We provided the Federal Emergency Management Agency with a draft
Agency Comments       copy of this report for review and comment. The agency agreed with the
                      report’s recommendations and noted that they complement activities
                      already under way at the agency. For example, FEMA agrees that the agency
                      should periodically review and evaluate its policies for determining the
                      cost-effectiveness of hazard mitigation projects, citing an agency
                      evaluation of the benefits and costs of acquiring or relocating substantially
                      damaged structures in a floodplain. We note this effort in our report and
                      agree that the evaluation complements our first recommendation, since it
                      represents an initial effort by FEMA to establish an analytical basis for the
                      cost-effectiveness of acquiring substantially damaged properties. Our
                      report also notes preliminary interest by the agency in providing the best
                      available data for analyzing the cost-effectiveness of proposed flood
                      hazard mitigation projects—our final recommendation. However, FEMA has
                      no activities under way to complement our second recommendation for
                      periodic reviews of other types of hazard mitigation projects exempted
                      from benefit-cost analysis. Therefore, we made no changes to our report
                      because either FEMA’s activities do not fully address our recommendations
                      or no complementary activities are under way.

                      The agency also commented that our report is focused on the use of
                      benefit-cost analysis in determining the cost-effectiveness of hazard
                      mitigation projects, although cost-effectiveness determinations do not
                      always equate to the use of benefit-cost analysis. The agency noted that
                      the decisions it makes in approving a project cannot always be reduced to
                      a single economic analysis, because determining a project’s eligibility also
                      involves considering issues such as its environmental and social benefits
                      and the uncertainty associated with the analytical methods used. While
                      our report acknowledges that the Stafford Act does not define how to
                      determine cost-effectiveness, it mentions that OMB’s guidelines, as well as
                      the agency’s regulations and guidance, suggest that benefit-cost analysis is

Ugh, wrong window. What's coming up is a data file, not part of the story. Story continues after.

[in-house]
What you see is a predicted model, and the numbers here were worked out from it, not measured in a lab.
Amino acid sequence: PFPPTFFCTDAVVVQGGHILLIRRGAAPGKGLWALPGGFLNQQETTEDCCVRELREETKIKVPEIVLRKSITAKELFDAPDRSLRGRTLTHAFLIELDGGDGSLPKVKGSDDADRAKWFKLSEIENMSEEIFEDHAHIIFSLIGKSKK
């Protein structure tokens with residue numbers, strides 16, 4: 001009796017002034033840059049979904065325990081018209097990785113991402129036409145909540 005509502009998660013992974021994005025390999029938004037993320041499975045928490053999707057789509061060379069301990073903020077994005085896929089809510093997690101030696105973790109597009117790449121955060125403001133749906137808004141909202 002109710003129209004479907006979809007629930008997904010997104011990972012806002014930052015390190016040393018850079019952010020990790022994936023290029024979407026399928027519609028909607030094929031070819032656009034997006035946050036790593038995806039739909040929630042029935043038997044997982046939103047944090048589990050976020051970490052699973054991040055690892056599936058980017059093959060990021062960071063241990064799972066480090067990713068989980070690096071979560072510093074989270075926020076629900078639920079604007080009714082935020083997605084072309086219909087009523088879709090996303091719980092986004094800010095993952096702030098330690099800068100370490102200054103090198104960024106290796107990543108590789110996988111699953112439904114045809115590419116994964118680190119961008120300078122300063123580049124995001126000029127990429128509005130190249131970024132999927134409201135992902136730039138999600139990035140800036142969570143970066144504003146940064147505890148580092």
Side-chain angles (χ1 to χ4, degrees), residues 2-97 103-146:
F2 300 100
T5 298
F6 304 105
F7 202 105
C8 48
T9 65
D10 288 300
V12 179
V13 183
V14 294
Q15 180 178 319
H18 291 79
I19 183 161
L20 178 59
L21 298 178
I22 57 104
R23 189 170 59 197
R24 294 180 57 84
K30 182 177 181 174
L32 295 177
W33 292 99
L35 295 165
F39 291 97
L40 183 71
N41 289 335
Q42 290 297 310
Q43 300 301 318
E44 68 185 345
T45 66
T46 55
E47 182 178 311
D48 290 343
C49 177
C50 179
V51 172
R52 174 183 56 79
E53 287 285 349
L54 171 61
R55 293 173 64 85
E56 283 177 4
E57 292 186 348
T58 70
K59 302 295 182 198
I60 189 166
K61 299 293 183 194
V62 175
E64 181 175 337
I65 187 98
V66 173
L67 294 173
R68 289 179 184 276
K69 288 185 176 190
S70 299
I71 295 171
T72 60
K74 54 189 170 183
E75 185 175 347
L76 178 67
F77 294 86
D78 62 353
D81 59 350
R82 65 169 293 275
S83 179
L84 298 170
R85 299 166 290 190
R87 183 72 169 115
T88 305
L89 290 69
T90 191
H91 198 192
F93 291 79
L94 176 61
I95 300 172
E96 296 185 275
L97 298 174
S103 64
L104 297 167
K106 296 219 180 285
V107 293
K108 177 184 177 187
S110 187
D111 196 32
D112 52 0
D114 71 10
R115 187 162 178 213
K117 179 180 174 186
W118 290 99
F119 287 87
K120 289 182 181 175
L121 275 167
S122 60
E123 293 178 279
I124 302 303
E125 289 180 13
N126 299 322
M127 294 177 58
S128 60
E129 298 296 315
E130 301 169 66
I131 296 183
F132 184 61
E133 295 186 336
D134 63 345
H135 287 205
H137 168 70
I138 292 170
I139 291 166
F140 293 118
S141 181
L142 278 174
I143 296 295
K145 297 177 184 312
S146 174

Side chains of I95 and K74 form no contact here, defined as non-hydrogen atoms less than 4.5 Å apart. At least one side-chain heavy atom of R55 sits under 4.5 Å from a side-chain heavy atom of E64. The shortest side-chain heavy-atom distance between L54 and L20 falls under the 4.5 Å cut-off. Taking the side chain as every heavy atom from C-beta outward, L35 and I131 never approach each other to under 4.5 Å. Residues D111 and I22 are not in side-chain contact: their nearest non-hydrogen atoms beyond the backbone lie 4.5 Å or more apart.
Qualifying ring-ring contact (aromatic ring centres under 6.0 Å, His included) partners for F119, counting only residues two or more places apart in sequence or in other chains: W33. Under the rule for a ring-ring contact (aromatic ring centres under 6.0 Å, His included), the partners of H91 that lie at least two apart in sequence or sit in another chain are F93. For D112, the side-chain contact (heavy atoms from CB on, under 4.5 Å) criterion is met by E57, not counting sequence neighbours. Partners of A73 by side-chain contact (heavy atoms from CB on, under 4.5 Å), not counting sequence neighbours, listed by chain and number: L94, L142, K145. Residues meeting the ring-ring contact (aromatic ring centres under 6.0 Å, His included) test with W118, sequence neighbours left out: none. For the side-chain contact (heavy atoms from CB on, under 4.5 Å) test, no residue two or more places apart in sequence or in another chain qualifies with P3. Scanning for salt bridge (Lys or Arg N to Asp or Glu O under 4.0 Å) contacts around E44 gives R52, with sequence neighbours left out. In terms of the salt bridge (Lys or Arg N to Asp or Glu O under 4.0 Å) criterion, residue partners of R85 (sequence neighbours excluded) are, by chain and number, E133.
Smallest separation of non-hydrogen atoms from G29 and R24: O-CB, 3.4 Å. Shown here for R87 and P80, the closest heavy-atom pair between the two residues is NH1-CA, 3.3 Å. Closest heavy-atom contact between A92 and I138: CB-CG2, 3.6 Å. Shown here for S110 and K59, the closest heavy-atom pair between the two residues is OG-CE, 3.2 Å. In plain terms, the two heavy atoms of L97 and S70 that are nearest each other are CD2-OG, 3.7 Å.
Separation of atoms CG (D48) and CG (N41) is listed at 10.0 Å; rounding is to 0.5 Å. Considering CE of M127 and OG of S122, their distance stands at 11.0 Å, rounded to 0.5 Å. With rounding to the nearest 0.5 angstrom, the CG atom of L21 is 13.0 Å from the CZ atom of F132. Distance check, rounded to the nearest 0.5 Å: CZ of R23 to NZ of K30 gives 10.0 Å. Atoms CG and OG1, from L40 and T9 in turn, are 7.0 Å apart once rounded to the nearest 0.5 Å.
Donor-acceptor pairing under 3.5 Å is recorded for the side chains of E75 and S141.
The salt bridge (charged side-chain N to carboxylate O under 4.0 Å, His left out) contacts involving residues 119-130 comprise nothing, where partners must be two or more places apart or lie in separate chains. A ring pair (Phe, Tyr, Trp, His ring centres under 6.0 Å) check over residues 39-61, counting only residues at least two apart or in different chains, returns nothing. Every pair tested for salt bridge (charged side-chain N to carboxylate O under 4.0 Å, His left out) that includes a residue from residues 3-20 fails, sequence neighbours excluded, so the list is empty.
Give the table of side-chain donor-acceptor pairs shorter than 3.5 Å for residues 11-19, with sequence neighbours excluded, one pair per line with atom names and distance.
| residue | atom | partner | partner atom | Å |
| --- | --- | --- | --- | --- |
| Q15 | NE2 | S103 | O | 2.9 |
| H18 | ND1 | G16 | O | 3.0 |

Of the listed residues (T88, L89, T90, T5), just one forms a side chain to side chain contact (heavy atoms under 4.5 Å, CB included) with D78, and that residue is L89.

the primary approach for ensuring that mitigation projects are



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                  B-281730




                  cost-effective. We agree that there are difficulties inherent in using
                  benefit-cost analysis to determine the cost-effectiveness of some hazard
                  mitigation projects—such as the inability to estimate the value of the
                  benefits of some projects or the difficulties in considering public policy
                  issues—and that alternative approaches for determining the
                  cost-effectiveness of these projects can be used. However, as discussed in
                  our recommendations, we believe that to ensure the cost-effectiveness of
                  hazard mitigation projects, either a sound analytical basis must be
                  established for the alternative approaches before they are used, or the
                  cost-effectiveness of the approaches must be validated through periodic
                  reviews of projects after they are implemented. FEMA’s written comments
                  appear in appendix I.


                  To determine the approaches FEMA and the states use to ensure that hazard
Scope and         mitigation grants are targeted to cost-effective mitigation measures, we
Methodology       examined

              •   FEMA’s  regulations, policy guidance, and handbooks on identifying and
                  approving Hazard Mitigation Grant Program projects for funding, focusing
                  particularly on the requirements for cost-effectiveness determinations;
              •   state policy and guidance papers, state hazard mitigation plans, and state
                  Hazard Mitigation Grant Program administrative plans focusing on the
                  states’ procedures for determining the cost-effectiveness of proposed